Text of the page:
I paid more for one repair of the S*b Z*r* than I paid for the complete Fr*g*d**r*.
I try to buy nothing but quality.
You too should demand it. If we demand the best, we will get it. If we settle for krappe, there are more than enough around who will sell it to us.
I've long maintained that toilet paper and shaving cream are the reason God gave us Wal-Mart. It was certainly not for furniture, clothing, small kitchen appliances or any other number of krappe-filled market categories I would never shop at a Wal-Mart.
Used to be, if I wanted a better item than Wal-Mart level but still wanted to stick to a budget number, I'd go to Target or Shopko.
But now Target is also filled with krappe, and it's worse than Wal-Mart because they still charge more for it!
You can still find some good products at Costco among quite a lot of krappe. I've had good luck with a lot of things I've bought there.
But the kind of quality you used to expect at Sears, the unexciting store you bought your bedsheets and towels at, is hard to find there anymore. I wind up buying Matouk linens for shockingly high prices because I will not be robbed by buying Chinese krappe that winds up in the garbage after 4 or 5 washes.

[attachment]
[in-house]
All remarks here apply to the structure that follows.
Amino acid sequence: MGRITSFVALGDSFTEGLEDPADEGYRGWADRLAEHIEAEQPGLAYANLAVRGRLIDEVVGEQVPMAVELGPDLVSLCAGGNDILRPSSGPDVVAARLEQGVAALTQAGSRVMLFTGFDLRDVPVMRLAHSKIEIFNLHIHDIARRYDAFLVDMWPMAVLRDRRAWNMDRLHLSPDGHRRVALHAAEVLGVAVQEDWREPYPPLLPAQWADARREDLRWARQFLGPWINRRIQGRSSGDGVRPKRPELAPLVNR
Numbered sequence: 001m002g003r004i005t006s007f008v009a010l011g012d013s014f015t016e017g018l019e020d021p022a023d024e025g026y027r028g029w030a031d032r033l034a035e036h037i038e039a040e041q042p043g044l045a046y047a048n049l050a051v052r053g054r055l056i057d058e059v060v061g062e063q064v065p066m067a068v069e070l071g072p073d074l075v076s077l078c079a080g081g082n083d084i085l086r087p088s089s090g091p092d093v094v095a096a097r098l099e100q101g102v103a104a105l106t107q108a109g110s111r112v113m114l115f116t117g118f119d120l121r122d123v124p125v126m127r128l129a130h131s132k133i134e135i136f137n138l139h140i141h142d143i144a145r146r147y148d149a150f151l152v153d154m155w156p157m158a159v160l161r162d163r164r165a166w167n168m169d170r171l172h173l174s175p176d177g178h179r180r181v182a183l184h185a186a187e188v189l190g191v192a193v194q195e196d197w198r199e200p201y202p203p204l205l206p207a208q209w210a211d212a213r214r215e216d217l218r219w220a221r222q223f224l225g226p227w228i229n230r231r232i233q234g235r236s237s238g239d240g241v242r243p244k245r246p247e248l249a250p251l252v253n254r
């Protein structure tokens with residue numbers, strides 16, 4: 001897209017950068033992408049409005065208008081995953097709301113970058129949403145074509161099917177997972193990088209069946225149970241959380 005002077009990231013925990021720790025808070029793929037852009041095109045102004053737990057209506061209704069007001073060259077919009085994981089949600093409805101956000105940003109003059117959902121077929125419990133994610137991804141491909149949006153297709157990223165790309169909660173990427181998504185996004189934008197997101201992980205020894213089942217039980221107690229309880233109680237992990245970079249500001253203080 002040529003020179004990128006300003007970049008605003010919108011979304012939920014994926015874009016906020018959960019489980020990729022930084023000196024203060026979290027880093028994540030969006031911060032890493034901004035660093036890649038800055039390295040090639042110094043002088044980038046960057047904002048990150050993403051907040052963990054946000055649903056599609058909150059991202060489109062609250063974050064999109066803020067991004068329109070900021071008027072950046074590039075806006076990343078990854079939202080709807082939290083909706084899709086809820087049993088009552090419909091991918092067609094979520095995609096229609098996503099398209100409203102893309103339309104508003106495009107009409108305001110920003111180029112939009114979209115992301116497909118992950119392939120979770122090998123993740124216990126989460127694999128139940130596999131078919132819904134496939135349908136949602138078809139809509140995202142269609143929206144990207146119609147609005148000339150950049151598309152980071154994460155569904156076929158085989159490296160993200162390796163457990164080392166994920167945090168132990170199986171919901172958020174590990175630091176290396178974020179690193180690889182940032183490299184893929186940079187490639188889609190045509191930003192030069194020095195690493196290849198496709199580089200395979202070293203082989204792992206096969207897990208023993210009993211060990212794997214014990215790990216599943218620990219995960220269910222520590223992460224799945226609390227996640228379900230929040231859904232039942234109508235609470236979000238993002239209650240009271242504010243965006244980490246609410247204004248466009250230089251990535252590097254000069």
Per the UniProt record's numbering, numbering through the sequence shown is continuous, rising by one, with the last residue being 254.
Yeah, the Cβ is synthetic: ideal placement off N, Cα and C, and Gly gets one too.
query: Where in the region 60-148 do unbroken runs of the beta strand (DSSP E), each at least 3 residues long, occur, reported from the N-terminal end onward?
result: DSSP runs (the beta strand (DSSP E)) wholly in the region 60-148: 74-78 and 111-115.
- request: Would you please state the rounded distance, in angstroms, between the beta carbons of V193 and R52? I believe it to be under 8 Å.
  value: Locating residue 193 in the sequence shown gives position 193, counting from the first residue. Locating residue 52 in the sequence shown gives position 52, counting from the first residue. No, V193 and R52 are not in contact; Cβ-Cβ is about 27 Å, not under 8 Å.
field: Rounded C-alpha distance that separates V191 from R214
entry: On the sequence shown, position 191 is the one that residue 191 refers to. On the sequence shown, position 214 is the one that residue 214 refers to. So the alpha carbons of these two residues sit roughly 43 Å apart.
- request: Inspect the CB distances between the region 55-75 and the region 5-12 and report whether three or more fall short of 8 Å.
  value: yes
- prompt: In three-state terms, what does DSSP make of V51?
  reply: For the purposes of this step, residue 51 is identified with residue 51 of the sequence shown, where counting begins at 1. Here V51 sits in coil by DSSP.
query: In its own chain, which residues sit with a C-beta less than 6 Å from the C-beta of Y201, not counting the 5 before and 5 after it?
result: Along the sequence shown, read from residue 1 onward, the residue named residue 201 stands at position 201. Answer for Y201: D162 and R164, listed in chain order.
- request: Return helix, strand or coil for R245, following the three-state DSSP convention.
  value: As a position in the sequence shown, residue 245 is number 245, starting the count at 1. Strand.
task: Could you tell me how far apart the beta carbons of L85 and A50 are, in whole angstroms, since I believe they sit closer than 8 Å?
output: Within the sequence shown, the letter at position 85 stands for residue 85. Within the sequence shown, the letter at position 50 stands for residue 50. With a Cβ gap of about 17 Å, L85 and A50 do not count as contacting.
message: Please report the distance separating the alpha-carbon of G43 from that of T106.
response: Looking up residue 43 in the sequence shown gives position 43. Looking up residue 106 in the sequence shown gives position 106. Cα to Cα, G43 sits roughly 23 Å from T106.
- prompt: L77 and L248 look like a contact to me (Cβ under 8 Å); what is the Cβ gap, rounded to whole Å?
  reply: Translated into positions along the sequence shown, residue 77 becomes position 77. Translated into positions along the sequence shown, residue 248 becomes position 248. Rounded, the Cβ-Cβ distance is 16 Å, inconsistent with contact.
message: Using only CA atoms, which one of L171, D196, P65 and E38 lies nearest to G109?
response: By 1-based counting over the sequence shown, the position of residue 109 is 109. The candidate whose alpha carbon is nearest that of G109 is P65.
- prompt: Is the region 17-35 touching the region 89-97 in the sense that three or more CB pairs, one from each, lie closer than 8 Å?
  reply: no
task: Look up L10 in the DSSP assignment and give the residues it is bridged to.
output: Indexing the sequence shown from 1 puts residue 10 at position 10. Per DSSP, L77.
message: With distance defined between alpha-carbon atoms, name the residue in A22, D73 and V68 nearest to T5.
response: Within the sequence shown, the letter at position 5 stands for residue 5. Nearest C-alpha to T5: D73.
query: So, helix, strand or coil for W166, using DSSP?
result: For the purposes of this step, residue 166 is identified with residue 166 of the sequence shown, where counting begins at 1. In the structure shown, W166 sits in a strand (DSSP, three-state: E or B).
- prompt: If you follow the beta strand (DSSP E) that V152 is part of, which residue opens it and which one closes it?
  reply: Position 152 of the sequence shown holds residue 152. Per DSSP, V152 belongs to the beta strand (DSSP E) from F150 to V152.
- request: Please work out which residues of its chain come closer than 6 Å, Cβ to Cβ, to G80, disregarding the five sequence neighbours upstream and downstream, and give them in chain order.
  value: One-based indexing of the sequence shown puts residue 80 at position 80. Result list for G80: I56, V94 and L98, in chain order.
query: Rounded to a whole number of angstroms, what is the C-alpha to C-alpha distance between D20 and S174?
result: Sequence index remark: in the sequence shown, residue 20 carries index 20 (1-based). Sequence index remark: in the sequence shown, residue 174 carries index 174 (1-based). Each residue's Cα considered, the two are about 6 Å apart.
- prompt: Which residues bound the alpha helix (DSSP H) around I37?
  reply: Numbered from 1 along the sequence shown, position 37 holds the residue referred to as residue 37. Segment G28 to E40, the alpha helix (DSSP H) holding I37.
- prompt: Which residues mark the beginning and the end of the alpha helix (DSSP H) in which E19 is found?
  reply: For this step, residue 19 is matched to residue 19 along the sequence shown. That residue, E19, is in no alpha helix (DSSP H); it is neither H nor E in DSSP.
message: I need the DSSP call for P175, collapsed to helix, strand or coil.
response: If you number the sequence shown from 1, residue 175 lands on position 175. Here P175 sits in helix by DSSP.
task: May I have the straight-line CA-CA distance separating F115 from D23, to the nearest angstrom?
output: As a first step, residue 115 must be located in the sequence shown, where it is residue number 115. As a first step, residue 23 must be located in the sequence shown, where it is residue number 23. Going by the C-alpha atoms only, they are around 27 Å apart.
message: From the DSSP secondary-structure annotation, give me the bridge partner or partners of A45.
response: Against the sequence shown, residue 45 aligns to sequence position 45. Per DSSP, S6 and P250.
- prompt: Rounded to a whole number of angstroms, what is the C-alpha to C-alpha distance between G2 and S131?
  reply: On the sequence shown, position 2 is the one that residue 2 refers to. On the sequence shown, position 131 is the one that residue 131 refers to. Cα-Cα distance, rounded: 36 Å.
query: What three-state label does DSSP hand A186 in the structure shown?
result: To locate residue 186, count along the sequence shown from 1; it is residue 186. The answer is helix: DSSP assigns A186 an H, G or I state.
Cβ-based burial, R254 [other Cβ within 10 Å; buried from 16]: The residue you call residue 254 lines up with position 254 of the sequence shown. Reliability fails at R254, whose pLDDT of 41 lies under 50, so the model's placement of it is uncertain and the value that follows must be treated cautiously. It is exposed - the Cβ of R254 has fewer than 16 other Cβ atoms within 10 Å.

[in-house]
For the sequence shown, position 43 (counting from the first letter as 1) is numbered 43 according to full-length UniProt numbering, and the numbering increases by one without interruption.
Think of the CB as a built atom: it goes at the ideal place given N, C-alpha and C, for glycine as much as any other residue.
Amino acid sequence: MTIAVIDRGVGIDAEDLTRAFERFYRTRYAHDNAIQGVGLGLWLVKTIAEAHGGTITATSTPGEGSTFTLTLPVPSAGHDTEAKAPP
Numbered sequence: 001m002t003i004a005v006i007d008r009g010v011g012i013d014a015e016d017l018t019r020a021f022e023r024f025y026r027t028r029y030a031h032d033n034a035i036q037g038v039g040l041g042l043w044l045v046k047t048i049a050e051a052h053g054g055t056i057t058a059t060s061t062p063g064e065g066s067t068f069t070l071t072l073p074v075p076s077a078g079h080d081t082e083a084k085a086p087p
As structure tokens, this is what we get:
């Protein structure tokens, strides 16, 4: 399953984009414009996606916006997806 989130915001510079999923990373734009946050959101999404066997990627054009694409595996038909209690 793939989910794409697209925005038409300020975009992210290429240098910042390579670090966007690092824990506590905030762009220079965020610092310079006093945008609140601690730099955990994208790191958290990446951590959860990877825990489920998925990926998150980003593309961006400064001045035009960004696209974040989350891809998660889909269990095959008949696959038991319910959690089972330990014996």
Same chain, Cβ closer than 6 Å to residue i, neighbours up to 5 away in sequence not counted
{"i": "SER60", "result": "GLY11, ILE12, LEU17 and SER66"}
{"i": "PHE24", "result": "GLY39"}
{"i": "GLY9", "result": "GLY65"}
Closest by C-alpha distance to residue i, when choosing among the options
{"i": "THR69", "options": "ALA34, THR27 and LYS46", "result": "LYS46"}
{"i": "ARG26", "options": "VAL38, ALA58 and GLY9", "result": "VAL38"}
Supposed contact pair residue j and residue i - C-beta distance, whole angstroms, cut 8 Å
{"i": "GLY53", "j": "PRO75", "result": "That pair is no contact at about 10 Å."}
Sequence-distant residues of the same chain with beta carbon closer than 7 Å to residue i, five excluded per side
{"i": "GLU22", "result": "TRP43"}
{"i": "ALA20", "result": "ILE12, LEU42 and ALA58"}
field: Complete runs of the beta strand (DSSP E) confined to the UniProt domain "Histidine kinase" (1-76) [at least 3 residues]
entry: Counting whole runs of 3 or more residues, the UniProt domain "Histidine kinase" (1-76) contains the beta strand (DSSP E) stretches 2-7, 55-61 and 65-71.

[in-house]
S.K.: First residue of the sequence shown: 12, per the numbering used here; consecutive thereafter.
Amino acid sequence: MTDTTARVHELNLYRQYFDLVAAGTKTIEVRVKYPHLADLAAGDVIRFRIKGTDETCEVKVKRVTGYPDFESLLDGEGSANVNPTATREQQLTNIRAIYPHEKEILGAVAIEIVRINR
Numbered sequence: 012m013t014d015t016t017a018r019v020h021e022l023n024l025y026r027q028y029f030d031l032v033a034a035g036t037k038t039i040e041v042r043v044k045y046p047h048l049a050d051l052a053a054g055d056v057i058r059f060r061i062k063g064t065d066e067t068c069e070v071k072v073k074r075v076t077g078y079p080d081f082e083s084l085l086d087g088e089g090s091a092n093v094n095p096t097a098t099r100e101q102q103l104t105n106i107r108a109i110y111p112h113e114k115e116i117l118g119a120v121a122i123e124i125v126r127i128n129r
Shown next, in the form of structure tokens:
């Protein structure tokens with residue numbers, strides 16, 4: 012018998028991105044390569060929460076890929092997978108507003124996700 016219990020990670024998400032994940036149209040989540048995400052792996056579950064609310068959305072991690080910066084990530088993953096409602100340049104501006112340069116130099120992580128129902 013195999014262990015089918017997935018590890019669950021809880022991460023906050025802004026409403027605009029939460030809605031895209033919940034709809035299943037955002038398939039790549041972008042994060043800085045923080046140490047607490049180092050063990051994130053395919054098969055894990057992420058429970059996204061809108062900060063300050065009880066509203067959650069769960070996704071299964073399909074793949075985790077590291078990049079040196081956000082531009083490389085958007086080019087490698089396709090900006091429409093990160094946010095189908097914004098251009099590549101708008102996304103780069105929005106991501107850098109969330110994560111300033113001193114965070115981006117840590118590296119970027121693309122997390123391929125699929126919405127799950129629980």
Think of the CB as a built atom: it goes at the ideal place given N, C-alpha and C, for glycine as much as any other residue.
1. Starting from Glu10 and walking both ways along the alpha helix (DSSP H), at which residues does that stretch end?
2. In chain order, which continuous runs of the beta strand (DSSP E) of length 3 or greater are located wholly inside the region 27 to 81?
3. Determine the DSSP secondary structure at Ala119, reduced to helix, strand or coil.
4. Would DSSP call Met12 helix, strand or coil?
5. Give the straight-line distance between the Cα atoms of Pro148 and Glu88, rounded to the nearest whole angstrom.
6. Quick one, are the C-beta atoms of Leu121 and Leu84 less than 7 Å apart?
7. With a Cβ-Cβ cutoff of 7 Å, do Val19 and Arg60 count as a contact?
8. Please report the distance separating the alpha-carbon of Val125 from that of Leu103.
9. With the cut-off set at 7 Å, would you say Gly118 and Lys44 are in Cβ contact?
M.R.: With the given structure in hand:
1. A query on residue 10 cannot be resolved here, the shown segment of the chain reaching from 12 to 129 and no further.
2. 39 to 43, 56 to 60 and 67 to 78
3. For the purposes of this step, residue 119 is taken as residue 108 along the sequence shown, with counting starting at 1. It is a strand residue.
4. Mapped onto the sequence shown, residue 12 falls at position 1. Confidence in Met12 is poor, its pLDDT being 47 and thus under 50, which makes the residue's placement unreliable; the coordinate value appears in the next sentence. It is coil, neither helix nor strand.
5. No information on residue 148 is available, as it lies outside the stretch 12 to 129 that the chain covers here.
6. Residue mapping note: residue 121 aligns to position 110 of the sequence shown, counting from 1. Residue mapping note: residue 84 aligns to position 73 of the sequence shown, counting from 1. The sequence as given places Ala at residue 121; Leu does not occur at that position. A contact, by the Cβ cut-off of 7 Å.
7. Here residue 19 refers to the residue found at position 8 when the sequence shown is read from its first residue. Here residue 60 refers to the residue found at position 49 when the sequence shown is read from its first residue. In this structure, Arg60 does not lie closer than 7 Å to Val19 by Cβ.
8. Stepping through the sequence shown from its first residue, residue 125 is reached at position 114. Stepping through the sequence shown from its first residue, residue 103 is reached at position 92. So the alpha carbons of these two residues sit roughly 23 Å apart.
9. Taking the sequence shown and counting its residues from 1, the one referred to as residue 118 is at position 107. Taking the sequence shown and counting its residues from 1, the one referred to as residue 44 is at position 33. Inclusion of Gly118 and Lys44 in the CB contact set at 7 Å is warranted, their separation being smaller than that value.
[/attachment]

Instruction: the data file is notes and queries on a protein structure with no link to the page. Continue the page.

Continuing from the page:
It is harder than ever to buy quality, and it's more expensive than ever as well. The search for quality among inexpensive options is still a middle class thrill though. You can still buy a Country Living Grain Mill made in Washington State, and it will still survive a nuclear holocaust.
The good Toro mowers still have cast aluminum alloy decks and cast iron transmission gear sleeves. You can still buy Alden and Allen Edmonds shoes and get good quality. I love Saddleback Leather's stuff. My iPad sleeve, wallet and briefcase are all Saddleback, made in Mexico, and the best leather stuff I've ever seen. Once again, shockingly expensive.
High levels of quality, built to last, are available and they have always been expensive. My experience is there are certain things in your life that are better bought cheaply and replaced as they wear out because technology moves so fast.
Other things are best bought as purchases of a lifetime. I have a standing search on eBay for vintage Florsheim Imperial shoes in my size--especially the longwings. If they're in good enough shape I buy 'em and have my cobbler return 'em to 'as new' condition, and I then have a better pair of shoes for less money that will last me longer than two pairs of current Florsheim or Bostonian or Johnston/Murphy, and look far better doing it.